Stacking the Sentencing Guidelines Commission — a legislative effort to push our sentencing practices further left

I have written frequently this past year on the role the Minnesota Sentencing Guidelines Commission (MSGC) plays in our overall public safety. Current legislative efforts to stack the MSGC (including adding a spot for an incarceration survivor), and give the governor more influence in the appointments will serve to further politicize the commission, further weaken our sentencing practices, and ultimately harm our public safety efforts.

The legislature created the MSGC in 1978, mandating its “primary consideration” to be “public safety.” The goal of the commission was to produce guidelines that created consistency of sentencing by offense across the state. Guidelines were created to provide a presumptive sentencing range for the various crimes and associated criminal history. As created, the MSGC has eleven commissioners, eight appointed by the governor and three appointed by the Chief of the Minnesota Supreme Court.

Over the last several years, Governor Walz’s appointees to the commission have consistently advocated for reduced penalties and reduced incarceration. Such criminal justice reform policies have caused many to complain that the system appears more concerned with the impact of consequences on criminal offenders than the impact of their crimes on the victims and the community as a whole.

Over the past several years, the judicial members of the commission have consistently voted against proposals that would reduce penalties for felony offenders. Under statute, those judicial members have always been appointed by the Chief Justice of the Minnesota Supreme Court. Companion bills in the legislature (HF 2956, and SF 3060) are set to take appointing authority for two of those judicial members — the court of appeals member and the district court member — away from the Chief Justice. Under the bills, the Chief Judge of the Minnesota Court of Appeals would appoint the court of appeals member and the Minnesota District Judges Association would appoint the district court member. The bill’s author asserts that the change is necessary to ensure that the judicial members are better connected to the concerns of the bench, of which the judge is a member. That assertion begs the question: Who has complained that the judicial members do not represent the views of a majority of their respective benches?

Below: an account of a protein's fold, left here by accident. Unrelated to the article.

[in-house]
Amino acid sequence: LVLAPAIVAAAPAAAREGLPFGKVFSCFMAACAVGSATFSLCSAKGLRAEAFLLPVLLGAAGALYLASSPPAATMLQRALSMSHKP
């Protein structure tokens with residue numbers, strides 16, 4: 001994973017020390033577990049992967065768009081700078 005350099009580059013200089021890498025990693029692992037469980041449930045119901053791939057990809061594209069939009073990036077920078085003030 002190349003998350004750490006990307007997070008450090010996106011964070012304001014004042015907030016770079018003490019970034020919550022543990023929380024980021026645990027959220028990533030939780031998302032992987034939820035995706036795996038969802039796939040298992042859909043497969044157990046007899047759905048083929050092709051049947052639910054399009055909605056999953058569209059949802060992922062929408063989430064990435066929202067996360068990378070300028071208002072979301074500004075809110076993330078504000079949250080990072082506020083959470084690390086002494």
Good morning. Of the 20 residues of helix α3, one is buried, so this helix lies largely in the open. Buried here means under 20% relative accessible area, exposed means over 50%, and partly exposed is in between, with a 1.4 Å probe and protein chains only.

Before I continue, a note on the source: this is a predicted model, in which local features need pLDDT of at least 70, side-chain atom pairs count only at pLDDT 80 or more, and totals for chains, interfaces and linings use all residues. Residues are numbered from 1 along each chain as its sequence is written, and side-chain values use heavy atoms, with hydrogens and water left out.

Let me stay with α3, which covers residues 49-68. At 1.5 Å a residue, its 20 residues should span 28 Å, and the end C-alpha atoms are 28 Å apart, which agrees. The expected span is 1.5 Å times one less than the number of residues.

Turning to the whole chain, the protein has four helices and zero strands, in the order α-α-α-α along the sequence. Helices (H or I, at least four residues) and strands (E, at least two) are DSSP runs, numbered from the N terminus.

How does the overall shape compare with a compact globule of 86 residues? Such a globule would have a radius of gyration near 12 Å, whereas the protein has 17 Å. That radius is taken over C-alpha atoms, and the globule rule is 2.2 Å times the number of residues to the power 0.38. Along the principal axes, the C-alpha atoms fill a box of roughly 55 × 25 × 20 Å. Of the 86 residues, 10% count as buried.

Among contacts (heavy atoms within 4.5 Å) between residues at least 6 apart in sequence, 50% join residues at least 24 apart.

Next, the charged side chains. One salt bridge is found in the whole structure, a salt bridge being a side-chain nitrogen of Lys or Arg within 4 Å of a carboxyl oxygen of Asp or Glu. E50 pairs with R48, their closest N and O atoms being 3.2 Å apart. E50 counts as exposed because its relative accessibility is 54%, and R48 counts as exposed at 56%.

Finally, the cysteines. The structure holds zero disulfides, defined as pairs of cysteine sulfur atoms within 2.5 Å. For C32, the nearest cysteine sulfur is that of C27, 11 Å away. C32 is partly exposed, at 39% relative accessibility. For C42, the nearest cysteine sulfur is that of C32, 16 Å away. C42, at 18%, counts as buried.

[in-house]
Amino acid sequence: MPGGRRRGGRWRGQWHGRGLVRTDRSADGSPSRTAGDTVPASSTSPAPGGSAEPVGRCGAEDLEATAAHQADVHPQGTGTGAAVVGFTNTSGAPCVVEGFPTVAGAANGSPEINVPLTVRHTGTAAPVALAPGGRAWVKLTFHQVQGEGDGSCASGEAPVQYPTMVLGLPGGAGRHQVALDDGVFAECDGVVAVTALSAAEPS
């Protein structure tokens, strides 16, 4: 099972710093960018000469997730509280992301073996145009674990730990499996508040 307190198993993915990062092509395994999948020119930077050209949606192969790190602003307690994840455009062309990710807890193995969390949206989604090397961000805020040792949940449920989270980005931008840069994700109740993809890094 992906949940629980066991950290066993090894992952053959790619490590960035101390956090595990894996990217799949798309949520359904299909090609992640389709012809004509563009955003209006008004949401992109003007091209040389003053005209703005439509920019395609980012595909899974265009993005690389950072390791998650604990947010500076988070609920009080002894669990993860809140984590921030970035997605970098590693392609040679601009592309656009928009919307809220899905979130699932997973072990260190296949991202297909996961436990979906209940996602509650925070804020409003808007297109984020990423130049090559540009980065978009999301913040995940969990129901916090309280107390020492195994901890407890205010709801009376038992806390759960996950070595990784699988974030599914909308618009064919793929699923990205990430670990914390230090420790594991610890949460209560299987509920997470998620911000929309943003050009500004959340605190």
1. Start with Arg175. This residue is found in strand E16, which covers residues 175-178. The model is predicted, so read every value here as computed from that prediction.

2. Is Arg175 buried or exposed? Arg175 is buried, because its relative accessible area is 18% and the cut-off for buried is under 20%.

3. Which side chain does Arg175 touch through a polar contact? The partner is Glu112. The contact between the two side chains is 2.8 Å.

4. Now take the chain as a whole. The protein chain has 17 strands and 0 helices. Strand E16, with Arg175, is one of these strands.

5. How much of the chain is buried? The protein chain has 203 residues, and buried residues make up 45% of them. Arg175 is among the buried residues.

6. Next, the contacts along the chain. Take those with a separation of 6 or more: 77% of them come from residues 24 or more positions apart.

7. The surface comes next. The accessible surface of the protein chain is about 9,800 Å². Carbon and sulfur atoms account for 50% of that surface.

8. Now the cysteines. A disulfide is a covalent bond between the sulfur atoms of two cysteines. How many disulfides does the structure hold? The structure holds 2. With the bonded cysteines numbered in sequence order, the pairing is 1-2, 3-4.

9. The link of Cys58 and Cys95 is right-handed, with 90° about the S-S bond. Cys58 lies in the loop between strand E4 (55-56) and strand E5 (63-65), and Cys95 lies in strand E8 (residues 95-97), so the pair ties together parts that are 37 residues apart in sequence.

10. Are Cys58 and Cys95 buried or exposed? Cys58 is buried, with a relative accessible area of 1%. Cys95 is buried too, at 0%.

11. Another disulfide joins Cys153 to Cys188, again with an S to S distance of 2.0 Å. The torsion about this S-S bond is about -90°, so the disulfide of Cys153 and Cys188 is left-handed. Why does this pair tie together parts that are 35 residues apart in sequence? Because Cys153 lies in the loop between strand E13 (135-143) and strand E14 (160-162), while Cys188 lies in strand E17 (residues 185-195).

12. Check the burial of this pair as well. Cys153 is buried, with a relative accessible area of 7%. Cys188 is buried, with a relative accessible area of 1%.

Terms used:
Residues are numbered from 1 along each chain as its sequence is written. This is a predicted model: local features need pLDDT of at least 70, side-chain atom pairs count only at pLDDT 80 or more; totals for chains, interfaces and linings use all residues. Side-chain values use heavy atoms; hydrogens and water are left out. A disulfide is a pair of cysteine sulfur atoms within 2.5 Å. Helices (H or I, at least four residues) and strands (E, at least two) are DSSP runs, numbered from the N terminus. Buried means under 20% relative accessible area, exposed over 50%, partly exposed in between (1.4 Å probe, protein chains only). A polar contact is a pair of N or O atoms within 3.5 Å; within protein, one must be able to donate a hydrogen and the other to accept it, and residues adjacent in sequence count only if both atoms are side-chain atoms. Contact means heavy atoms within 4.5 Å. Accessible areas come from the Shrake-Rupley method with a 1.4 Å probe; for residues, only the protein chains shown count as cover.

What the proposal actually does is move control — directly and indirectly — of the appointments of the court of appeals and district court judge members to Governor Walz. As to the court of appeals, the connection is direct. Under statute, the governor designates one of the nineteen court of appeals judges to serve as chief judge for a three-year term. That process is unlike the manner in which the Chief Justice of the Supreme Court is selected: by the voters. As to the district court bench, the connection is more nuanced. Service on committees and commissions such as the Sentencing Guidelines Commission is often what sets judges apart from their peers as leaders. Moreover, such additional service is often a basis for gubernatorial appointments to higher judicial office. Thus, a district court judge who serves on the commission and votes with the Walz majority could be viewed favorably when seeking gubernatorial promotion within the judicial branch.

For those reasons, one can reasonably assume that the real purpose of the bills is to provide a means of replacing the court of appeals and district court commission members who have consistently voted against the Walz majority with judges who are more likely to vote with the majority.

In addition to changing the appointing authority for two of the three judicial members, the bills add two additional commissioners — an academic and a treatment professional — and it requires that one of the governor’s public member appointments go to an “incarceration survivor.” The bill’s author asserts that these changes are necessary to bring additional voices to the table. That assertion is dubious given the ability the commission has to invite “additional voices” to present and speak to the commission whenever they choose. Lastly, nothing prevents the governor from appointing a so-called “incarceration survivor” as a public representative on the commission under the existing format. Indeed, one of the governor’s current appointees described herself as such.

These bills are a thinly veiled attempt to create a super-majority that favors current criminal justice reform policies, which would be less likely to give merit or weight to the position of the commissioners in the minority.

For far too long, the work of the MSGC has carried on comfortably out of sight and out of the influence of everyday Minnesotans. That needs to change. Now is the time to let the our legislative leaders and our governor know that the public remains concerned about the level of violent crime in Minnesota, that the public will not accept the criminal-justice-reform movement’s assurance that reducing penalties will reduce crime and recidivism, and that the public does not support changes to the constitution of the MSGC that are clearly intended to advance such policies. Instead, the public wants appropriate checks and balances to remain in place within the commission by maintaining appointing authority for all three judicial members with the Chief Justice of the Minnesota Supreme Court, and by maintaining the number of commissioners at nine (9).